The moral of the story is that sometimes TAs burn out just like ordinary people, and that it is sometimes perfectly legitimate to argue about one's grade. You can argue all you want about why she considers grades so important, but there is also the principle of the thing.

  37. Spencer Says:

    I'm kind of surprised at how many people in this thread have suggested that Ed's student has a point about inconsistent grading practices from TA to TA. Apparently, they were so incensed by Ed's massive insensitivity that they were compelled to comment without reading the whole post – which means they likely didn't read this bit in the original:

    "Second, all grades from discussion sections are adjusted so that there are no discrepancies among different teaching assistants, each of whom has discretion over his or her own sections."

    In other words, there is a system in place that accounts for that already. Just because Susie Snowflake doesn't know that or understand how it works, that doesn't make her complaint any more valid.

  38. Mayya Says:

    Xynzee: IDs are not required to vote in North Carolina. One simply states one's name and address. I'm not sure what point the person telling the story was trying to make, but if the woman actually received that comment, the polling-place worker was pulling her leg; neither face-honesty nor ID are necessary.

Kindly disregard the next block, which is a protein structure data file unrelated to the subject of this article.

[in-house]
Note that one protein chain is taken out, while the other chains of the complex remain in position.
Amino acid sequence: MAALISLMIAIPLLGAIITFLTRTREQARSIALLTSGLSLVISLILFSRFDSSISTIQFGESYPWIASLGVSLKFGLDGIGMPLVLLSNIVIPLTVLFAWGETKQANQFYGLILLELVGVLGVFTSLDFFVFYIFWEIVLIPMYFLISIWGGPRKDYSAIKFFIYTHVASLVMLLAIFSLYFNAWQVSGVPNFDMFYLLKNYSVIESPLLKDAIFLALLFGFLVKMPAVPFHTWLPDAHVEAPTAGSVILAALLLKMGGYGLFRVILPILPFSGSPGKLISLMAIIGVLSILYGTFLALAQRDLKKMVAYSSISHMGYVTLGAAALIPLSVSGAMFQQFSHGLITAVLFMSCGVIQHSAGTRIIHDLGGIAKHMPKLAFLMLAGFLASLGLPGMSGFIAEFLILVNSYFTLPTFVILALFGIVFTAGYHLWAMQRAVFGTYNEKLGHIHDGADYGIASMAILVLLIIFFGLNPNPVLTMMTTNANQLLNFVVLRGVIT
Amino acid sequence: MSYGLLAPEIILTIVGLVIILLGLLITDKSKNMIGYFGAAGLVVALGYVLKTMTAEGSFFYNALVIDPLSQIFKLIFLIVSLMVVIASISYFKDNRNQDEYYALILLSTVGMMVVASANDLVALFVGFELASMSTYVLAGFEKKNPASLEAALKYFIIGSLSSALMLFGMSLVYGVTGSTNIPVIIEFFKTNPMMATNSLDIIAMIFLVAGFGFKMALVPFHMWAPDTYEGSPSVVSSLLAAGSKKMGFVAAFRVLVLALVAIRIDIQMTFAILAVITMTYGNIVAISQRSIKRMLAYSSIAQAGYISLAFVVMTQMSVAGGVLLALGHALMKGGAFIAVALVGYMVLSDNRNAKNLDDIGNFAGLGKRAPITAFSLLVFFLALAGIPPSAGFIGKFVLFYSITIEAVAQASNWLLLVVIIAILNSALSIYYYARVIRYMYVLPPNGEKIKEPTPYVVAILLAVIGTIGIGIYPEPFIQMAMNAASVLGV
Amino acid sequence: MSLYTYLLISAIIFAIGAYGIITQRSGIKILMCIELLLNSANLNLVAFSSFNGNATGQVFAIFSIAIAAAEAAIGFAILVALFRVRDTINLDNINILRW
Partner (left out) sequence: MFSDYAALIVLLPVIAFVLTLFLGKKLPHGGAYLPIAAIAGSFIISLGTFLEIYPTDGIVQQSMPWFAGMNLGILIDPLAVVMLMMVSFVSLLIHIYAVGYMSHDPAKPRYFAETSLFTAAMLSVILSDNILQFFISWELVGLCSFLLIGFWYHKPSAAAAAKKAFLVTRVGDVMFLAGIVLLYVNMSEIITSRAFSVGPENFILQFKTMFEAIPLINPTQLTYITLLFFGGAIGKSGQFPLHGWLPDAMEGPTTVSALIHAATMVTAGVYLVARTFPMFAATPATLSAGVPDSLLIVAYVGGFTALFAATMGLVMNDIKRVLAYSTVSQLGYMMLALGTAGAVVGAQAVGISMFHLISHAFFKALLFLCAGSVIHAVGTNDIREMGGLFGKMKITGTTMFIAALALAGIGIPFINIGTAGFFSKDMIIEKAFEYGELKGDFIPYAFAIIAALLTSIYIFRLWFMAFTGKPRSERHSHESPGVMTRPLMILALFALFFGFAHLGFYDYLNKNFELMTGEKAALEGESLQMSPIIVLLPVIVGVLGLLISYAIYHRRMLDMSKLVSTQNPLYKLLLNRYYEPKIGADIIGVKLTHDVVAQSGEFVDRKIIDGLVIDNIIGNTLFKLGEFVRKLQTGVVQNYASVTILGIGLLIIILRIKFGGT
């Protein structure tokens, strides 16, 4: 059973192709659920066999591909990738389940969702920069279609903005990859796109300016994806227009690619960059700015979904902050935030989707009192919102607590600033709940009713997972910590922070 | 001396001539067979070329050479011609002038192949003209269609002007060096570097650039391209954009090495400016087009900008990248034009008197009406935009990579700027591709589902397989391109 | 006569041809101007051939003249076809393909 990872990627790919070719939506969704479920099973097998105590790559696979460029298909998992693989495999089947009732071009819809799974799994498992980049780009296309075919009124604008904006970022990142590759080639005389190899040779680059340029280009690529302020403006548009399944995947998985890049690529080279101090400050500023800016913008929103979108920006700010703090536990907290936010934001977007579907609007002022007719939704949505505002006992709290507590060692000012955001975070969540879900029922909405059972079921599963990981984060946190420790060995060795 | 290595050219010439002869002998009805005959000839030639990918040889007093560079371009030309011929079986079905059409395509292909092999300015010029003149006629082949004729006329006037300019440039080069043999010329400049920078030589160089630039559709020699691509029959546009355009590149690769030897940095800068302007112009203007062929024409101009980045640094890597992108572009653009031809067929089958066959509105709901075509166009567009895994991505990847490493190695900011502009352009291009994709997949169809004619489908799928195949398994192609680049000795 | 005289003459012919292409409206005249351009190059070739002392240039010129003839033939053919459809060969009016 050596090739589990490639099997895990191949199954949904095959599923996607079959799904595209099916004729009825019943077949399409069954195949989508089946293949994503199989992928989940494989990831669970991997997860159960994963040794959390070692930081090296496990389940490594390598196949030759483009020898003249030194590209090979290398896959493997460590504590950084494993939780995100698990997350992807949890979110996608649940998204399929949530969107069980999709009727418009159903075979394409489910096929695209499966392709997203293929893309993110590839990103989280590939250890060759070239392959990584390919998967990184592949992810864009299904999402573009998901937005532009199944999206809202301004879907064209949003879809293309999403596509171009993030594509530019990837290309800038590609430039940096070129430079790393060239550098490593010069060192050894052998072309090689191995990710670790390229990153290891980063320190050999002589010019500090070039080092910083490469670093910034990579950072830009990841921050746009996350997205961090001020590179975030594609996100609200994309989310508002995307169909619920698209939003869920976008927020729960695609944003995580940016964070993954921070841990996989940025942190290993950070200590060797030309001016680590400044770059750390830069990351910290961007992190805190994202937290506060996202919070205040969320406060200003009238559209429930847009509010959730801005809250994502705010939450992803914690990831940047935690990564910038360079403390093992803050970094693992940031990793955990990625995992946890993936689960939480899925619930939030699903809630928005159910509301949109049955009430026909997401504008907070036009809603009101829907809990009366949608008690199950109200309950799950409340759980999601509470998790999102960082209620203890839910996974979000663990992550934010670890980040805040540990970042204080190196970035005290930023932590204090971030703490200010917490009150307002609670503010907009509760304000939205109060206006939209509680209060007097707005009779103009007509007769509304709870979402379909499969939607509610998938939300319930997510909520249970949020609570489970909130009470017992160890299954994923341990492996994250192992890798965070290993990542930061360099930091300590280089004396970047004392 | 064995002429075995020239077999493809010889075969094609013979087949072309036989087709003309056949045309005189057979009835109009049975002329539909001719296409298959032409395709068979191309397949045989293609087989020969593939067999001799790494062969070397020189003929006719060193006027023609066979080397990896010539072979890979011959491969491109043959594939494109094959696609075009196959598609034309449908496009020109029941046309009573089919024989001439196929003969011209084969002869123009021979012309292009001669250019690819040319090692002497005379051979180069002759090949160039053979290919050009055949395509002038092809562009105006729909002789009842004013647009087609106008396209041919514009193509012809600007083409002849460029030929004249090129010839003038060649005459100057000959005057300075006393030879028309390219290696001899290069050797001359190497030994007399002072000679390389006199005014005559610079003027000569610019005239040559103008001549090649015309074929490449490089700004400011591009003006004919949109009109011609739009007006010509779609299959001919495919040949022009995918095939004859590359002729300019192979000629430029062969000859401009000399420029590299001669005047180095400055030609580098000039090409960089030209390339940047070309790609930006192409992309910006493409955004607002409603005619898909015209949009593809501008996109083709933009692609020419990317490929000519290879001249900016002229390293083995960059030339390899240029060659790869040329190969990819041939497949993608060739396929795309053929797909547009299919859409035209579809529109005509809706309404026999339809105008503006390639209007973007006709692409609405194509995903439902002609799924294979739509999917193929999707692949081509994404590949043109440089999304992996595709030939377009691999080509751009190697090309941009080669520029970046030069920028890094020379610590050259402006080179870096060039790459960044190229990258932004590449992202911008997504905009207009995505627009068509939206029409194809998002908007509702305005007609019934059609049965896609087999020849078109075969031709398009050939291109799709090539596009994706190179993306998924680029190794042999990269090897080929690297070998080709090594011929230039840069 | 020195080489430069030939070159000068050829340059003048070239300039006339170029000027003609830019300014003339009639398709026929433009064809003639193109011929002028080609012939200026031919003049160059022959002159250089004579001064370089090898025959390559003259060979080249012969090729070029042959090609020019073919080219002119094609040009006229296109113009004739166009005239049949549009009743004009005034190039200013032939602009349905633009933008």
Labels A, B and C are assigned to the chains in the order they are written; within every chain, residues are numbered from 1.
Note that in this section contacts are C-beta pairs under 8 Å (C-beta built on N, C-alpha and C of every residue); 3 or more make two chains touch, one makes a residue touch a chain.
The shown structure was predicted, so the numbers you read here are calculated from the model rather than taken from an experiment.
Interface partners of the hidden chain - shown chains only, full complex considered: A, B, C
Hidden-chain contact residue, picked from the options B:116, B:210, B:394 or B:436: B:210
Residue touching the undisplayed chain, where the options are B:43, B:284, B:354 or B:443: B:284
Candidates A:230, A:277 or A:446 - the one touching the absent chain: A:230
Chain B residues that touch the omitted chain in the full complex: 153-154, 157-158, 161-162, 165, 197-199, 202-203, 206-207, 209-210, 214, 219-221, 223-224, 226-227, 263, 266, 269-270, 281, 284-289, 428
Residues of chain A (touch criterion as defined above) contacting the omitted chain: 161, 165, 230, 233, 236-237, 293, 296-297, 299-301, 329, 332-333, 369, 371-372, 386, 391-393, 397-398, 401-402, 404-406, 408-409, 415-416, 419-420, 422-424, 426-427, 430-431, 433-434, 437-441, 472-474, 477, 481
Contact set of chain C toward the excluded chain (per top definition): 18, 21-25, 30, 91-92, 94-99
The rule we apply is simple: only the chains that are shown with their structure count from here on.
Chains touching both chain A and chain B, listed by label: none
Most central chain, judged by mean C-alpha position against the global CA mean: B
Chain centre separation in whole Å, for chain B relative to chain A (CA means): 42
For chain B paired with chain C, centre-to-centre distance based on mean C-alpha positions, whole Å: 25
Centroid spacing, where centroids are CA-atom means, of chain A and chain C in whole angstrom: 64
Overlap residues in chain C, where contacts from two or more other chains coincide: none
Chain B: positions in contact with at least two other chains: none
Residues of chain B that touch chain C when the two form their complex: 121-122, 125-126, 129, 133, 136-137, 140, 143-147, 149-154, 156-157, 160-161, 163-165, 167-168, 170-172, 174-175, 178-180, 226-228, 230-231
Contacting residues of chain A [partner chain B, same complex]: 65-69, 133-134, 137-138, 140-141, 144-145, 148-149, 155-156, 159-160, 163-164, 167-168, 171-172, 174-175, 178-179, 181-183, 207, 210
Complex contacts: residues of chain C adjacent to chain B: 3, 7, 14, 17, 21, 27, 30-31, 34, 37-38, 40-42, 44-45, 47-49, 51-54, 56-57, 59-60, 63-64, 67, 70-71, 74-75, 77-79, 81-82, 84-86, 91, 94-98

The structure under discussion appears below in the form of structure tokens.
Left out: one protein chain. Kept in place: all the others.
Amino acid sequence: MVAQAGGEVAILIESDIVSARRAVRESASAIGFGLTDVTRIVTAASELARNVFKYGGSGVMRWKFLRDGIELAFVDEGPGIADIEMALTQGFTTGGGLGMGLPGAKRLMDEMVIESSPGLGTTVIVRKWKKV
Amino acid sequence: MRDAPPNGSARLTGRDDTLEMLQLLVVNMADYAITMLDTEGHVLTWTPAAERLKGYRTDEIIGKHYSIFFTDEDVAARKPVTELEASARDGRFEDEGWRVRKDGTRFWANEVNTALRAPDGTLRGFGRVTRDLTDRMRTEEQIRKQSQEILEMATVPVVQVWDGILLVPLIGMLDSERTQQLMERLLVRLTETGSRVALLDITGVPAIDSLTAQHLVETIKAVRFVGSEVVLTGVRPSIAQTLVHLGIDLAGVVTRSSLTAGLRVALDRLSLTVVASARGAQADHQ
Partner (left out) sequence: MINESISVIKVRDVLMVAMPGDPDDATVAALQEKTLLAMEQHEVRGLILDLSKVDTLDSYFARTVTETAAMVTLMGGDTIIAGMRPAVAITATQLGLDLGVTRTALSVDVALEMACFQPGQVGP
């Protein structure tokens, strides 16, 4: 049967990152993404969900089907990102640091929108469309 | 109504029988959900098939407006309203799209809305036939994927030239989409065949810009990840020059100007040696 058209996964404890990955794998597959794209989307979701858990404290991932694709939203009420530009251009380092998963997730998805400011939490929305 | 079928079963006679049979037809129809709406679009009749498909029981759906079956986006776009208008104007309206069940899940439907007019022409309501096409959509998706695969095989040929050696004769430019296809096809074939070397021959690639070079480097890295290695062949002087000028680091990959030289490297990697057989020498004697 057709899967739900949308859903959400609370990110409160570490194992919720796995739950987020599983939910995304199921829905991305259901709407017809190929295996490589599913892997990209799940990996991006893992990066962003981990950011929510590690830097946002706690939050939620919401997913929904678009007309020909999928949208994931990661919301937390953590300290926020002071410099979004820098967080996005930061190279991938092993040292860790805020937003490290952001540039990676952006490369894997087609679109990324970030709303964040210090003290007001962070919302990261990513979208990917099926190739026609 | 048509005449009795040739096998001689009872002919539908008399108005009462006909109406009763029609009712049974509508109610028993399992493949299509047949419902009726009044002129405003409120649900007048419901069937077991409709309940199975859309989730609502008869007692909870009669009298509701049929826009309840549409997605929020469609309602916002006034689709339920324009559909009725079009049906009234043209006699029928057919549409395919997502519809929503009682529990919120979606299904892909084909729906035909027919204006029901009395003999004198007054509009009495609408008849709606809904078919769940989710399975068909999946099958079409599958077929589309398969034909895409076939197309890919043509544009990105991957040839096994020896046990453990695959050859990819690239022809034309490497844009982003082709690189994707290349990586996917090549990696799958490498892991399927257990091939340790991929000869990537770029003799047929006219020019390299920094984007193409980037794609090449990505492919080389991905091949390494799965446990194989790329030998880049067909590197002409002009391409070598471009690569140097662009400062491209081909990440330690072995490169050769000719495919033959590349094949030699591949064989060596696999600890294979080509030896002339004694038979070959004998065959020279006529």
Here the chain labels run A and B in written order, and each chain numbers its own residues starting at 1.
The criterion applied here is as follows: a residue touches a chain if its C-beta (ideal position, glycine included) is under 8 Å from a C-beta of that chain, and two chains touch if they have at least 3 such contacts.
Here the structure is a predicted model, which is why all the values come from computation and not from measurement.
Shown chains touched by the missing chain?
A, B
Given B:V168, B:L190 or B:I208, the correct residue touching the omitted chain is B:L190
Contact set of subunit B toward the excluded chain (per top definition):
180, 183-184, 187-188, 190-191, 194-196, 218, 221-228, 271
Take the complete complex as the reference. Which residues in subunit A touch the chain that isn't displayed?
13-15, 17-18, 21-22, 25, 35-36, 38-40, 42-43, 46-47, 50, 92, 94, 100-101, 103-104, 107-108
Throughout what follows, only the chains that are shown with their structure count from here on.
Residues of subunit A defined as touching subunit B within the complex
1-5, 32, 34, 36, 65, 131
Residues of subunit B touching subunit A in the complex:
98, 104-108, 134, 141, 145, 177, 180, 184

39. Ruthie Says:

    Slightly different view: IMHO, the idea that university "students" are "customers" can't die soon enough.

    As for the student's whining about discrimination, last time I checked, the terminally stupid were not a protected class.

    prosopopeia 05/10/2012 11:13

    "I have a student this semester who did not know to answer a "why

  40. Ruthie Says:


    "I have a student this semester who did not know to answer a 'why…?' question with something that included the word "because," and despite my efforts, has still not learned."

    There is no such rule. Why? It's superfluous.